After saying the blessings and lighting the candles, they turned back to their mother. “Can we sing a song?” By now, a few more minutes remained. “Sure,” their mother said. And with that, the two little kids harmoniously joined together and sang Ma’oz Tzur, the song customarily recited after lighting the candles.

After finishing the last stanza, Michael turned around to take one last look at the grandparents. To his astonishment, Santa Clause had taken off his beard and hat and was holding his wife’s hand whose eyes were flooded with tears. They had not witnessed an authentic Chanukah lighting in years. Taken aback by the scene was also the husband himself. Pulling aside his wife, he said, “When the children were lighting those candles, I felt something special. I promise you that I am going to find a Hebrew school to enroll them in. I am going to give them a proper Jewish education.”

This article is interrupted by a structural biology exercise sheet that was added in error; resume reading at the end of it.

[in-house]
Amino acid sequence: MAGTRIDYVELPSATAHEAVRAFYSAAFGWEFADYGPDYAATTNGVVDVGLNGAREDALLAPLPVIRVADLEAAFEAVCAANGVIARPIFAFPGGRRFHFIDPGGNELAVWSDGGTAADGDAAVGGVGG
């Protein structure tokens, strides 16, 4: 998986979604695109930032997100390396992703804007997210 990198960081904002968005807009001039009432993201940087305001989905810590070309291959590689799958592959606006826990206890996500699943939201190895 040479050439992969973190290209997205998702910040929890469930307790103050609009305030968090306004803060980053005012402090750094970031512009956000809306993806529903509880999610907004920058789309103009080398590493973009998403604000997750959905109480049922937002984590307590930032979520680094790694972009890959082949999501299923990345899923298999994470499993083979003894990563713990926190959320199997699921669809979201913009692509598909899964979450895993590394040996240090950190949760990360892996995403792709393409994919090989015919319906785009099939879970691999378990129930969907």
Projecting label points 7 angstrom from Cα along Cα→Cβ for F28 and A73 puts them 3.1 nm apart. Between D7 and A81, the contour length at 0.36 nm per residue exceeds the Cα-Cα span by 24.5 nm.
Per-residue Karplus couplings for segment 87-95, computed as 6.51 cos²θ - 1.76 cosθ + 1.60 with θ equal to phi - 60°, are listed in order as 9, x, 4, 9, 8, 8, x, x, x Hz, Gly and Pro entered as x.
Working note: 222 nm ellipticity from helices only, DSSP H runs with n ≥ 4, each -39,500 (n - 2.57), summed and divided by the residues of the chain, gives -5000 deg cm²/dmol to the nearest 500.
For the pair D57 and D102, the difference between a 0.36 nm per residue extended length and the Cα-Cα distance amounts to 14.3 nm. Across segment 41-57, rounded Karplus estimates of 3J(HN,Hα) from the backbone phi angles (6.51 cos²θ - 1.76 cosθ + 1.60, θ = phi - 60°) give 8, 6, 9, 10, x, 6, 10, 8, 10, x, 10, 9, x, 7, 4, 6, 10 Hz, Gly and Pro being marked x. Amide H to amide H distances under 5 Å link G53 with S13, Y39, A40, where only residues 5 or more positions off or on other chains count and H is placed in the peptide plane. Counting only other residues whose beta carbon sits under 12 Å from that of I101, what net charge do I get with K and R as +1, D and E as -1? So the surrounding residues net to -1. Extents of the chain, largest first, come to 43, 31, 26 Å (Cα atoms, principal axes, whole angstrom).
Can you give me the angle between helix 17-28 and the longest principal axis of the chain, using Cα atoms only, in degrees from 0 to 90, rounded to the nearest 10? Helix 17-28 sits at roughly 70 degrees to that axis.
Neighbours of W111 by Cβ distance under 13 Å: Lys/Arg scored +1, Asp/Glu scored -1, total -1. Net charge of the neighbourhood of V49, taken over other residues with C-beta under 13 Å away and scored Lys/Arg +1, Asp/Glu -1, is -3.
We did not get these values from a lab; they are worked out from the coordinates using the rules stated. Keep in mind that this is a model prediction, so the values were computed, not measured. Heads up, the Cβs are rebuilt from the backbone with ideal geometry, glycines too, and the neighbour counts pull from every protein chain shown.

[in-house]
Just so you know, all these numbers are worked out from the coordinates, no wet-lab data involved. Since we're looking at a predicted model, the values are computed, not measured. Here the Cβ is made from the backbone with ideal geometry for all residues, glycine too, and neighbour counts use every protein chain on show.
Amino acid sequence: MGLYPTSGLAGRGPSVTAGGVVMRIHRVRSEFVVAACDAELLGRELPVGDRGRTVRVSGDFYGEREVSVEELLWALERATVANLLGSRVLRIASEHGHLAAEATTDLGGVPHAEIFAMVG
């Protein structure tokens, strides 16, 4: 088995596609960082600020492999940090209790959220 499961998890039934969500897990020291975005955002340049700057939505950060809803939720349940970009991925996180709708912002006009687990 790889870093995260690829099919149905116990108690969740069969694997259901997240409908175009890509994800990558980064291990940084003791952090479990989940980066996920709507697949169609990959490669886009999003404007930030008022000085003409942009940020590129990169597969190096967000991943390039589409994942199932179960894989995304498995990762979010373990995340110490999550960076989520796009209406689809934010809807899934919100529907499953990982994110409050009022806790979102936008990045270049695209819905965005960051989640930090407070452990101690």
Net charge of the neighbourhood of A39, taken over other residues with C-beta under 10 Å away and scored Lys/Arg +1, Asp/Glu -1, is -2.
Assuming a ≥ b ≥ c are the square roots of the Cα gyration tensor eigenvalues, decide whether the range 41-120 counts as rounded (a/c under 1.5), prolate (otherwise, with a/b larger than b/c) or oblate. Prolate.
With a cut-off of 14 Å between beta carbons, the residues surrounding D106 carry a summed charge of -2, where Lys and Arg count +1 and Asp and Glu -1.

As the woman heard these words, a smile broke out on her face. She realized that her children would now grow up learning and connecting with their beautiful Jewish roots and rich Torah heritage. As they would for the meantime remain under the safe auspices of their grandparents, the woman felt comfortable and confident that her children would be taken care of and placed in Jewish educational institutions. And with that in mind, the woman and Michael walked away from the house after some very successful fifteen minutes.